44th National Táncház Festival & Fair • 4–6 April 2025
Starting page: 38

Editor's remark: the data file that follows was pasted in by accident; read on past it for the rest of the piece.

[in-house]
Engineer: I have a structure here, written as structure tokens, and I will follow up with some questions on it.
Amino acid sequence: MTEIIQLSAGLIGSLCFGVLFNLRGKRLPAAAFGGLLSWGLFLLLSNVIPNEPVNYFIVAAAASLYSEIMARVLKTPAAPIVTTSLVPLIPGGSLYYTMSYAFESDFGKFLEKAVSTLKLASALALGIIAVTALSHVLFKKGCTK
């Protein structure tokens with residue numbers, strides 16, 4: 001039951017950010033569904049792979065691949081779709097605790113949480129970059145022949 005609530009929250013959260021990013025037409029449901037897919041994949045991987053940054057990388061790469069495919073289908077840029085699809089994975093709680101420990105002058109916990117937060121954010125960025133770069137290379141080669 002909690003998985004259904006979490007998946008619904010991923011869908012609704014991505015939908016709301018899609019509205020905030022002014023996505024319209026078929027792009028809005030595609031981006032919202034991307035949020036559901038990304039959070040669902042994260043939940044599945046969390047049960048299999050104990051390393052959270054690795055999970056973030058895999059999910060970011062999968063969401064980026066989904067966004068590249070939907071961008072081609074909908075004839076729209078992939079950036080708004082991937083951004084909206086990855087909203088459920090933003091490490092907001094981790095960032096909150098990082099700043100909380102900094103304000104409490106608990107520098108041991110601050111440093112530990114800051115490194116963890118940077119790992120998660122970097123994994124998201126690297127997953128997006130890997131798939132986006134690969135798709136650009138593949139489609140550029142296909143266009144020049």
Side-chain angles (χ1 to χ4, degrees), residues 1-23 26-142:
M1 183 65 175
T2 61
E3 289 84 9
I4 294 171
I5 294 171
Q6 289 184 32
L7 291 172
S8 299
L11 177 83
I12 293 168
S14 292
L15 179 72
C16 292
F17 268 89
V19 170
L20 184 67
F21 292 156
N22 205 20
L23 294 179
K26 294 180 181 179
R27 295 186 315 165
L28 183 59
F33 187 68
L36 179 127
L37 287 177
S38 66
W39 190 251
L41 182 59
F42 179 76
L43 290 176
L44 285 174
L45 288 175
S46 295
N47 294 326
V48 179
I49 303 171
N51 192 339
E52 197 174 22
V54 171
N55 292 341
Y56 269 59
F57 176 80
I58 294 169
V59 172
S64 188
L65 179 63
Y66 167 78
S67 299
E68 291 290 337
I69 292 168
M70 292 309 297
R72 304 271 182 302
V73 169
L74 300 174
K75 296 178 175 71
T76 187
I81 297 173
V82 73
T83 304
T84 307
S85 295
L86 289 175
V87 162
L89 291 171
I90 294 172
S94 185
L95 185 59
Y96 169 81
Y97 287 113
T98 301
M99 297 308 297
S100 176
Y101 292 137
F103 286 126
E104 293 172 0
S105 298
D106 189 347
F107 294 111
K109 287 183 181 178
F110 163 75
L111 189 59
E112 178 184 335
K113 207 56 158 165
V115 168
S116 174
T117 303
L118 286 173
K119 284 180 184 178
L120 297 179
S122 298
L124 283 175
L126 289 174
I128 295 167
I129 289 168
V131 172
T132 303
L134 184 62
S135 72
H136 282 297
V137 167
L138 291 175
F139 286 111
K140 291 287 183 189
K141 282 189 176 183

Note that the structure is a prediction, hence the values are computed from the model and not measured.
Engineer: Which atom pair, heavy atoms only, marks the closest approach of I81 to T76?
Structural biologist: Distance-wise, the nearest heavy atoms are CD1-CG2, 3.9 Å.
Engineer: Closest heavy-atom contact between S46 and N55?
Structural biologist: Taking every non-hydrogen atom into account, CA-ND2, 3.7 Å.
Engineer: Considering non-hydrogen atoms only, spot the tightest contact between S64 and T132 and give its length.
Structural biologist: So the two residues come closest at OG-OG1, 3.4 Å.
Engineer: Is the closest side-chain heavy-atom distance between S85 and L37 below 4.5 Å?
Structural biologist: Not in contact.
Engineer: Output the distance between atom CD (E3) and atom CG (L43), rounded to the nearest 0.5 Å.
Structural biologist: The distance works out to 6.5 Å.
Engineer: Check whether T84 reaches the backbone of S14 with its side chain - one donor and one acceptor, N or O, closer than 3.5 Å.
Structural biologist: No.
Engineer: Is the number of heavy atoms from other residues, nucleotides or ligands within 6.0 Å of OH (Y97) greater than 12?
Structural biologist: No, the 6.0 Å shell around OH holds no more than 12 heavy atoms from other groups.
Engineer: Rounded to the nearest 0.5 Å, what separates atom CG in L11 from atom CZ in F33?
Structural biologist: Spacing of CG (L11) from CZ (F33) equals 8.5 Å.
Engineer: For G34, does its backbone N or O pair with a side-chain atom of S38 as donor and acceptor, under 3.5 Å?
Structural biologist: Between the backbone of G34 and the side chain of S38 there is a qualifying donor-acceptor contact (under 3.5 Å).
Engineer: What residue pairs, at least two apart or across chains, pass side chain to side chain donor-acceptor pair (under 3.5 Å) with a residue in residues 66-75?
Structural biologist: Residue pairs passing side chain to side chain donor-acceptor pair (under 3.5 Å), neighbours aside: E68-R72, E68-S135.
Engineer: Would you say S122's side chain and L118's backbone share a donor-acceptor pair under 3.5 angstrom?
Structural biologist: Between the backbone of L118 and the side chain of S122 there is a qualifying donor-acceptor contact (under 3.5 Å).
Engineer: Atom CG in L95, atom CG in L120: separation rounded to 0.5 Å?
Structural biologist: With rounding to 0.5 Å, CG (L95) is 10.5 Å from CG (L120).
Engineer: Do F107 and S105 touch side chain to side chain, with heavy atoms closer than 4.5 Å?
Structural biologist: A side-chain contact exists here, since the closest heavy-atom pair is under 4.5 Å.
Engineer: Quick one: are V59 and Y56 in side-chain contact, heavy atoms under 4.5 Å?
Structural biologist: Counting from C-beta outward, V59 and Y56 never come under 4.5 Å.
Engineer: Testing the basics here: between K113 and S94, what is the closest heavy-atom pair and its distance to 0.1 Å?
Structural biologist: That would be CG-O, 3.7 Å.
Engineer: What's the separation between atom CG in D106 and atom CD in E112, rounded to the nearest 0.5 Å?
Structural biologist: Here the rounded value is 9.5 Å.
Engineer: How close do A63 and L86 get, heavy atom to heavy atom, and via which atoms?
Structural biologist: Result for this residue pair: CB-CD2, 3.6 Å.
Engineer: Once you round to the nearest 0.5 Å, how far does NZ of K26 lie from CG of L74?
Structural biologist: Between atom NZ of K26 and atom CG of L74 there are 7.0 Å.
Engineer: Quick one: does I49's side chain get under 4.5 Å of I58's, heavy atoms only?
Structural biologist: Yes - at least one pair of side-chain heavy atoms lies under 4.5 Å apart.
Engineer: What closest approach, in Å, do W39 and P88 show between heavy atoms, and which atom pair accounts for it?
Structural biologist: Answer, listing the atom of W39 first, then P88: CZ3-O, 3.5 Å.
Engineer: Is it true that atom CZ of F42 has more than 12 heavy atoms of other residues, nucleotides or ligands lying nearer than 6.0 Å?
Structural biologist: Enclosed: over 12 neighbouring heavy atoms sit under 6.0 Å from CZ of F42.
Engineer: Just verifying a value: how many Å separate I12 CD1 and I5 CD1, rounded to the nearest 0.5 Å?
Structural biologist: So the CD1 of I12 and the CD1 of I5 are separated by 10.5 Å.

Memories of working with Martin György – By Anca Giurchescu – Part 2. First published in: [Transylvanian Hungarian dance and dance research at the turn of the century – II.] Edited by Könczei Csongor. Cluj. 2014. Romanian traditional dance researcher, ethno-choreologist Anca Giurchescu (1930–2015) writes that: the scientific basis of modern ethno-choreology was formulated and solidified thanks largely to the work of Martin György (1932–1983). Martin developed the methods for researching traditional Hungarian dance and influenced certain periods of development of Romanian ethno-choreology. Many research plans formulated by Martin are still valid today. She describes her first visit to a dance house event in 1974 in Budapest with Martin. They had planned more research work together, but a proposal was not only refused by the Institute in Bucharest but Anca was fired from her position there. She worked last with Martin in 1976 at a meeting of ICTM’s Ethno-choreology Study Group. Anca escaped from Romania in 1979, then settled in Copenhagen, Denmark. In her conclusion she lists themes of her conversations with Martin, questions discussed between them and subjects of Martin’s writings – as she put it – “the list is stunning”: The types and categories of solo and group men’s dances (legényes, haidau, botoló), women’s dances accompanied by instrumental music or only singing, couple dances, cycles of dances at various dance events, analyzing the structure of the dances, theory of dance typology and classification, the connection/relationship between dance and music, a dancer’s creative process, dance improvisation, the traditional process, learning and the processes of change, the various connections between the individual and community, the ethnographic regions, the creative strength of especially good performers and their meaning and function in various social contexts, historical layers of the dances in Hungary and in Europe, the connection between dance and politics, using dance as an ethnic symbol, questions arising from researching the minorities, and how traditional folk dance is marketed and modified in the context of stage performance.